Ciudad Juárez: ‘Feminicidios’ and sexual violence
Since 1993, close to 400 women have been found murderd in the Mexico city of Ciudad Juárez, close to the Gender Equality in the Gender Equality in the United States of America of America of America border. The criminal phenomenon is called in Spanish the feminicidios (“femicides”) or las muertas de Juárez (“The dead women of Juárez”). Most of the cases remain unsolved.
Ciudad Juárez is a city of 1.5 million that has become a battleground for drug cartels. More than 1,550 people were killed there in drug wars in 2008. In 1993, 25 women were found murdered with their dumped bodies showing clear signs of Sexual violence, torture and Rape . In 1995, 42 women’s bodies were found, most of them showing signs of sexual violence – including of girls as young as 12 and 13.
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In 2003 Amnesty International issued a report, Intolerable Killings: 10 years of abductions and murders of women in Ciudad Juarez and Chihuahua highlighting the pattern of killings and abductions of women in Ciudad Juárez and the City of Chihuahua. The report found that in 2003, over 370 women had been murdered, and at least 137 of them after being sexually assaulted . In addition, over 70 young women were still missing, according to the authorities, though Mexican non-governmental organizations say the figure is over 400.
The women murdered are usually young women, 16-20 years old on average (though a 12 year old girl’s body was also found), from poor backgrounds. The pattern of sexual violence includes abduction, captivity for serveral days, vicious sexual assault, and murder before the body is dumped in rubble on wasteland. In some cases, their remains are found by passersby days or even years later. In other cases, the women are never found.
According to Amnesty International, evidence seems to indicate that these young women are chosen by their killers because they are women who have no power within Chihuahuan society. The women are usually workers from the maquiladoras set up by the multinational companies that control the economy of Ciudad Juárez as well as waitresses, workers in the informal economy or students. Many of them live in poverty, often with children to support. They are women who have no option but to travel alone on the long bus journeys that take them from the poor suburbs surrounding Ciudad Juárez to their place of work, study or leisure.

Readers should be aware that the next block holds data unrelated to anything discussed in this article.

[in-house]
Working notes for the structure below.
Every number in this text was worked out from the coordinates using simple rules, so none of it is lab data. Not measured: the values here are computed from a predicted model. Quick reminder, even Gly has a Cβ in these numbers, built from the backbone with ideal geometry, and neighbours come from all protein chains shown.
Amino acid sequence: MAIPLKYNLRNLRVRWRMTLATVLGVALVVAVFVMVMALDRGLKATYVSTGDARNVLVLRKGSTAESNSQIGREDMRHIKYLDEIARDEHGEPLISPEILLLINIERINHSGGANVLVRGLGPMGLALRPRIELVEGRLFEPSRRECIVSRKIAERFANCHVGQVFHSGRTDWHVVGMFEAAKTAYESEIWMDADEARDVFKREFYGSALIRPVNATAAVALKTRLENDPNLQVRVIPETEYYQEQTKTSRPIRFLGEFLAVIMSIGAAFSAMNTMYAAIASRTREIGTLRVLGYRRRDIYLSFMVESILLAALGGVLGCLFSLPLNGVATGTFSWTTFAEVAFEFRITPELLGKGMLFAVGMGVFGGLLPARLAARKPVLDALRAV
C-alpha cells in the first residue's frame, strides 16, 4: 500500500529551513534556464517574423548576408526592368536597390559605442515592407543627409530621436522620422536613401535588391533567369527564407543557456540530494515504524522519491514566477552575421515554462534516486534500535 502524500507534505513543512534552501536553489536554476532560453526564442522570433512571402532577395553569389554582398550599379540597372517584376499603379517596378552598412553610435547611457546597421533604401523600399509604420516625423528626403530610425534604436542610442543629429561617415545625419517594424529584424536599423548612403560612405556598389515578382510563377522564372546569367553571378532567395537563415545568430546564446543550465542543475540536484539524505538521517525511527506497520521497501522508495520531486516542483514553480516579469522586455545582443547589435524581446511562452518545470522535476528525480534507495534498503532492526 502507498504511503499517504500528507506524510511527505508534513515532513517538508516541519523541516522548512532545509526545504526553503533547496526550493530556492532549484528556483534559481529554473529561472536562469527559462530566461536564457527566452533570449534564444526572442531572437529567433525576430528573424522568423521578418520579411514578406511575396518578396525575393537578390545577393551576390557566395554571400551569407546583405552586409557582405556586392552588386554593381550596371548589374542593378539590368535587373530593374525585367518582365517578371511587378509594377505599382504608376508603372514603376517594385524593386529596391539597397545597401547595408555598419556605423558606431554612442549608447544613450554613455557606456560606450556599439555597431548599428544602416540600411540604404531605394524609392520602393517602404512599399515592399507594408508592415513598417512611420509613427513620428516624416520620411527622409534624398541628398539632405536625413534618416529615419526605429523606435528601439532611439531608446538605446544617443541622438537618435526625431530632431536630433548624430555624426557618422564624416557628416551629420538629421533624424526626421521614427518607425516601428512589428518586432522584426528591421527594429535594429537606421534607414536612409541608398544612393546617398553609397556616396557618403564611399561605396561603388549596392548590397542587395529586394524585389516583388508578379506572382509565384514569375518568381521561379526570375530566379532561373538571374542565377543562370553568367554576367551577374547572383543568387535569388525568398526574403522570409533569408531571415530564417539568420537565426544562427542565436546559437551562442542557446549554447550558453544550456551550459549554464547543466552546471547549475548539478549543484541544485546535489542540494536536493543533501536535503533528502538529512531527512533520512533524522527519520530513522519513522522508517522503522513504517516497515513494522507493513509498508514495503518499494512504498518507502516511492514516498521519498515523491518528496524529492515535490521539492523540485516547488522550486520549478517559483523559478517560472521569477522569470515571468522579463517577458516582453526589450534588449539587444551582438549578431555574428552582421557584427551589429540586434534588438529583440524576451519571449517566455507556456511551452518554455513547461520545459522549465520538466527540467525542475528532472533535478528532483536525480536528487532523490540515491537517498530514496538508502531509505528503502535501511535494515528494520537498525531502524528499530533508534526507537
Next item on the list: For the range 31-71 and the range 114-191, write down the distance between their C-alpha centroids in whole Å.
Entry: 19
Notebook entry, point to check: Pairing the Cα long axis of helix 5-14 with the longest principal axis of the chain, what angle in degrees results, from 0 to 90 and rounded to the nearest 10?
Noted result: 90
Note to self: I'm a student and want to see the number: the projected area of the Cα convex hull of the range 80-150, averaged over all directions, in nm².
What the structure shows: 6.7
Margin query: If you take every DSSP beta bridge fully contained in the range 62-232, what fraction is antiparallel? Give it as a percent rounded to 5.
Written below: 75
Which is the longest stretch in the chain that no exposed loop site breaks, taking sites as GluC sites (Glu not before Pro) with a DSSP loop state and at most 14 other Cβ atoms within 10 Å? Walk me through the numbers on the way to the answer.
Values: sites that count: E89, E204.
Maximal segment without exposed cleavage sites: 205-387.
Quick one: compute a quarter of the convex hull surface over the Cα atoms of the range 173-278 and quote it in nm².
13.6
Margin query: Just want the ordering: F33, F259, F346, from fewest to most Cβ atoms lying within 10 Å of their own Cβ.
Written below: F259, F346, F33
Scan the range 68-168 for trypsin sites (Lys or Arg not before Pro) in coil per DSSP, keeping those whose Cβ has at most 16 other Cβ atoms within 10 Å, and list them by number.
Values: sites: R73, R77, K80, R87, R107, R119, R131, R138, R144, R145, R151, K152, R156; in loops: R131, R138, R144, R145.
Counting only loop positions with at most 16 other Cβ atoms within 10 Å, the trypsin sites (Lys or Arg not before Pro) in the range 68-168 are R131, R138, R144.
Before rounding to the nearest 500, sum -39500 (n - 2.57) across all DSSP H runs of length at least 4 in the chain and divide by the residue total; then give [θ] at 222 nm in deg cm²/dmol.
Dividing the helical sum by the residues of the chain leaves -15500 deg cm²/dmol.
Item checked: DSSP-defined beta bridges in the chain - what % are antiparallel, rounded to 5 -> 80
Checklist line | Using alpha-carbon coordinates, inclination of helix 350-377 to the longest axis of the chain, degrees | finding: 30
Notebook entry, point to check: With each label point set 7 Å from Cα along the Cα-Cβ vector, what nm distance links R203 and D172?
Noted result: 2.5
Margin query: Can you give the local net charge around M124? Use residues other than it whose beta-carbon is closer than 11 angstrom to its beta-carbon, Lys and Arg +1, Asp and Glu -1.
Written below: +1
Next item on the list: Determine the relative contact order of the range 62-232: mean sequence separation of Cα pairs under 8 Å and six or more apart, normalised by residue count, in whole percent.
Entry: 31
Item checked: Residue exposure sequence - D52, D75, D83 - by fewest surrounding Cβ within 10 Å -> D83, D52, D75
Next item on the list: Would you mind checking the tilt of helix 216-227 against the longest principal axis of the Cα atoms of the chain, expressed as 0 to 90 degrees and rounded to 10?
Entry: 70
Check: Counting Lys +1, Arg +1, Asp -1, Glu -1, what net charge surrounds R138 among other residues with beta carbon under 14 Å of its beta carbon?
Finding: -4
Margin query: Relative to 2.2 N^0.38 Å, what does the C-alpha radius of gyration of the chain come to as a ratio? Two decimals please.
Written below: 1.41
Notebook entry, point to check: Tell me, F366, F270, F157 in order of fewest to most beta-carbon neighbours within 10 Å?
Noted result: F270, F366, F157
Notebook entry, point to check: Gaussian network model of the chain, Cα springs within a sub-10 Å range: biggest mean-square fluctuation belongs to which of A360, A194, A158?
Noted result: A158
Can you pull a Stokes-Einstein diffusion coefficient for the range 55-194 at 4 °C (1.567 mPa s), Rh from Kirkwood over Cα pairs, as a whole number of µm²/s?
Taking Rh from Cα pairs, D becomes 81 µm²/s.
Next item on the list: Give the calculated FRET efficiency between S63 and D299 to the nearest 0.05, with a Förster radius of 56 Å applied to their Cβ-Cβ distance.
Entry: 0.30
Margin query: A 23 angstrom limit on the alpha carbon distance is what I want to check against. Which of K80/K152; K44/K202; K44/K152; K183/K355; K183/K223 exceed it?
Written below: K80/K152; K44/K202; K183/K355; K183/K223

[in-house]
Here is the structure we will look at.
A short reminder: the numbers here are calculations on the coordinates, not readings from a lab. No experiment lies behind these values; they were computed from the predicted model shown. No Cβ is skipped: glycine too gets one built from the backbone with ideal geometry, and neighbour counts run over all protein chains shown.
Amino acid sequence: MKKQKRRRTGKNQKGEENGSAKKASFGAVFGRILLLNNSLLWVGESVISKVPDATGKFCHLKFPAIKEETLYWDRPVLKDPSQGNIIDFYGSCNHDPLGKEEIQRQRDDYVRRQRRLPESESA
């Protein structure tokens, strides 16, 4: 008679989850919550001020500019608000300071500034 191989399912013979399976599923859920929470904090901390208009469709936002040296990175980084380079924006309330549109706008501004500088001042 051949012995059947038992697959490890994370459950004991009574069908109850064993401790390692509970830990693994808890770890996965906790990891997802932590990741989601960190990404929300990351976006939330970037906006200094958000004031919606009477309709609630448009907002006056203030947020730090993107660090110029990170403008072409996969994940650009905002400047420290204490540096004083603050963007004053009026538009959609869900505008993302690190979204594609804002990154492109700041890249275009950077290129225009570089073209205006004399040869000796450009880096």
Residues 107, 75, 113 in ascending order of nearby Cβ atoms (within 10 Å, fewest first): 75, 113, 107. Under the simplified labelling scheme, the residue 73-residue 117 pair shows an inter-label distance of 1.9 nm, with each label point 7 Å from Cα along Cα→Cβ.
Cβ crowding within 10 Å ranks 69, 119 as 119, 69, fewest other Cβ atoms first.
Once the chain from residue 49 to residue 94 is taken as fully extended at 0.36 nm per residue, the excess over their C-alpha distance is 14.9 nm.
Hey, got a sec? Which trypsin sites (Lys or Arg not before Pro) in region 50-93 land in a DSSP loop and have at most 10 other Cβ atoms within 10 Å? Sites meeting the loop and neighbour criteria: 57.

The response of the authorities over the past ten years has been to treat the different offences as ordinary acts of violence committed within the private domain, without recognizing the existence of a continuing pattern of violence against women. When families have reported their female relative missing, authorities wait many days before acting despite the trend of kidnappings, sexual violence and murder. In 2005, the Governor of the state of Chihuahua said that international attention on the situation in Ciudad Juarez is damaging the city’s public image.
In 2005, judges in Mexico found 10 members of two criminal gangs who were already behind bars guilty over the killings of 12 women in Ciudad Juarez. They were sentenced to between 40 and 113 years for premeditated homicide, aggravated rape and criminal association in the killings of six women.
The Special Rapporteur on the Rights of Women of the Inter-American Commission on Human Rights (IACHR), Marta Altolaguirre, highlighted the high level of discrimination against women that influenced authorities’ actions in her March 2003 report. She pointed out that, in 1993, when the crimes exhibiting a specific pattern began, the authorities repeatedly blamed the women themselves for their own abduction or murder and refused to acknowledge that the situation was out of the ordinary. Since the girls were poor and young, they were seen as “expendable”.
Amnesty International has attacked the systemic failures in the Mexican authorities’ treatment and approach to the murders, criticising also the convictions. “The lack of proper investigations has led authorities to resort to torture to extract confessions where evidence is not available. This has not only led to the imprisonment of individuals who may be innocent, but also means that there is a strong likelihood that the real perpetrators are escaping justice and are free to continue to commit crimes.”
- In 2001, filmmaker Lourdes Portillo released one of the first documentaries dedicated to the victims of the murders, Señorita Extraviada.
- In 2002, U.S. border journalist Diana Washington Valdez published an investigative newspaper series in the El Paso Times about the murders titled “Death Stalks the Border.”
- In the same year Polish journalists Eliza Kowalewska and Grzegorz Madej released a TV series about crimes in Juárez. Journalists cooperated with crime experts Robert Ressler and Candice Skrapec. This series was shown on Polish television TVN in 2003.
- In 2006, Los Angeles filmmaker Lorena Mendez produced Border Echoes, a documentary about the Juárez women’s murders based on nearly 10 years of investigation.
- In 2006, Gregory Nava directed a movie called Bordertown with Jennifer Lopez and Antonio Banderas.
- La Cite des Mortes
- International, “Intolerable Killings” (2003)
- NY times news article
- Wikipedia Page
- Guardian news article